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[Page 379]

In the forests

 

[Page 395]

We Fight!

by Azriel Shilovitsky, New York

(became Irving Shiloff upon immigration to US)

Translated by David Goldman

Around the 8th of August, 1942, 20 men appeared in the forest, the first refugees from the Zhetl slaughter. There was no food and every rustle made us nervous. It seemed, if we were found, our lives would end.

However, destitution teaches. We began slowly to go out at night and bring food from the nearby villages and began to adapt to our new life. The small advantage of the forest Jews, was they immediately understood they had to organize and collect weapons in order to provide food and in order not to remain unprotected.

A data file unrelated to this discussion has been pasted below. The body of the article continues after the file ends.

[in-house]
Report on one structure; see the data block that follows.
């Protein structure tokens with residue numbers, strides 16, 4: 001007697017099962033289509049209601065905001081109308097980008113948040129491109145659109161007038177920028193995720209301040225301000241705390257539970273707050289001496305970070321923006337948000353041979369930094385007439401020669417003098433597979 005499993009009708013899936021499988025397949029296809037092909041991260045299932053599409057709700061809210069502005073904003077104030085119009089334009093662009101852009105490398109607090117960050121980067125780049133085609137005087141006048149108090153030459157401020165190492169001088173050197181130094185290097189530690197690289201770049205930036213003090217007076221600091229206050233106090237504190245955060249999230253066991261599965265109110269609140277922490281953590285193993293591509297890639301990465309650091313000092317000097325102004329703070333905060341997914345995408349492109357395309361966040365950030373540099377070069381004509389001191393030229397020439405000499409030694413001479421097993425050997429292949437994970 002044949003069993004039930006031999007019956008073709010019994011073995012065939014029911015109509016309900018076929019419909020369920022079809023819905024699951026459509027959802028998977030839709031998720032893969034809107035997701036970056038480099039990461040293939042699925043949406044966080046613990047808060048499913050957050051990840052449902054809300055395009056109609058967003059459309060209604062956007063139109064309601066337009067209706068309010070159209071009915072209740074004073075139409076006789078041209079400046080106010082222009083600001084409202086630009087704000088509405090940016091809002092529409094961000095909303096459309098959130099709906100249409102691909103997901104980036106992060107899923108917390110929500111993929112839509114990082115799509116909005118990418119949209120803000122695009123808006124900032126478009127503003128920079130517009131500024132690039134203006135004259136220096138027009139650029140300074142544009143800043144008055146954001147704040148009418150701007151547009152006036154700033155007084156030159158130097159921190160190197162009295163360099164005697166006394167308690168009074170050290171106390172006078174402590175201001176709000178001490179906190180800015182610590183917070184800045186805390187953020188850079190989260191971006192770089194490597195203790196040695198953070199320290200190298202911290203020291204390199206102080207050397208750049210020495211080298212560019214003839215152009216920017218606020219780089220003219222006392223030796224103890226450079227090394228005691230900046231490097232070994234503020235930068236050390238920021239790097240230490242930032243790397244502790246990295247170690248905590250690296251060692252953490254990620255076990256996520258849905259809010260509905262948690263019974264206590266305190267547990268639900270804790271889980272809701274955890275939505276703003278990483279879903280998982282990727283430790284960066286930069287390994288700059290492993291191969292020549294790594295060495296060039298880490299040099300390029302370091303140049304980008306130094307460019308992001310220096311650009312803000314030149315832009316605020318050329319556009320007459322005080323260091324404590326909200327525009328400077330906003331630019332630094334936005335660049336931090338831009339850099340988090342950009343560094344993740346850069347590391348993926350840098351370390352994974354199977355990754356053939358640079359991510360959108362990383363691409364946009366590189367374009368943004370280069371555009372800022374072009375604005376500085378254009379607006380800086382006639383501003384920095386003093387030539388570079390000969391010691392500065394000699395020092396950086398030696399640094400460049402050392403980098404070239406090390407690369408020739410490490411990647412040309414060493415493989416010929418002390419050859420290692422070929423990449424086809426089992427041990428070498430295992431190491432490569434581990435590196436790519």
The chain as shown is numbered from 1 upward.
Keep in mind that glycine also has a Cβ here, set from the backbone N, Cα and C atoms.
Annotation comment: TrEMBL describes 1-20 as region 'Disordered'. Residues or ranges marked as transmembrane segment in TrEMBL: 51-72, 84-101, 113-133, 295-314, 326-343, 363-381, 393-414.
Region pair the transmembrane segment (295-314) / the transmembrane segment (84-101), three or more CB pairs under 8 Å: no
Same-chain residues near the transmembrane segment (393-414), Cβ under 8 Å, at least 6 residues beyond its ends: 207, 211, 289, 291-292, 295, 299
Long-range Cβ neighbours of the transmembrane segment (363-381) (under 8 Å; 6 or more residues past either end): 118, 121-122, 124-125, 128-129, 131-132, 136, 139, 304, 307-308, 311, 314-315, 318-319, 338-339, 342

The Organization of the Jewish Military Detachment

On August 20th 1942 the first group was organized in the forest near Ludzhitch. Hirshl Kaplinksy was chosen as commander. After dividing into groups of ten the commanders were: Yisroel Shilovitsky, Pinye Green and Sholem Ogulnik. We began immediately to organize these “tens” with military training and provided weapons.

Meanwhile, Jews from Zhetl who had escaped the camps in Novogrudek began to arrive. The groups grew. We received a lot of support from the Russian First Detachment in Lipitchansker Pushtche, under the leadership of Nikolai Vakhanin.

The influx of Jews in the forest rose with the arrival of Zhetl Jews from Dvoretz.

The Jewish detachment now had 200 Jewish boys and girls. We put up tents and camps. We already had almost enough weapons. Our group had 5 machine guns and rifles for everyone.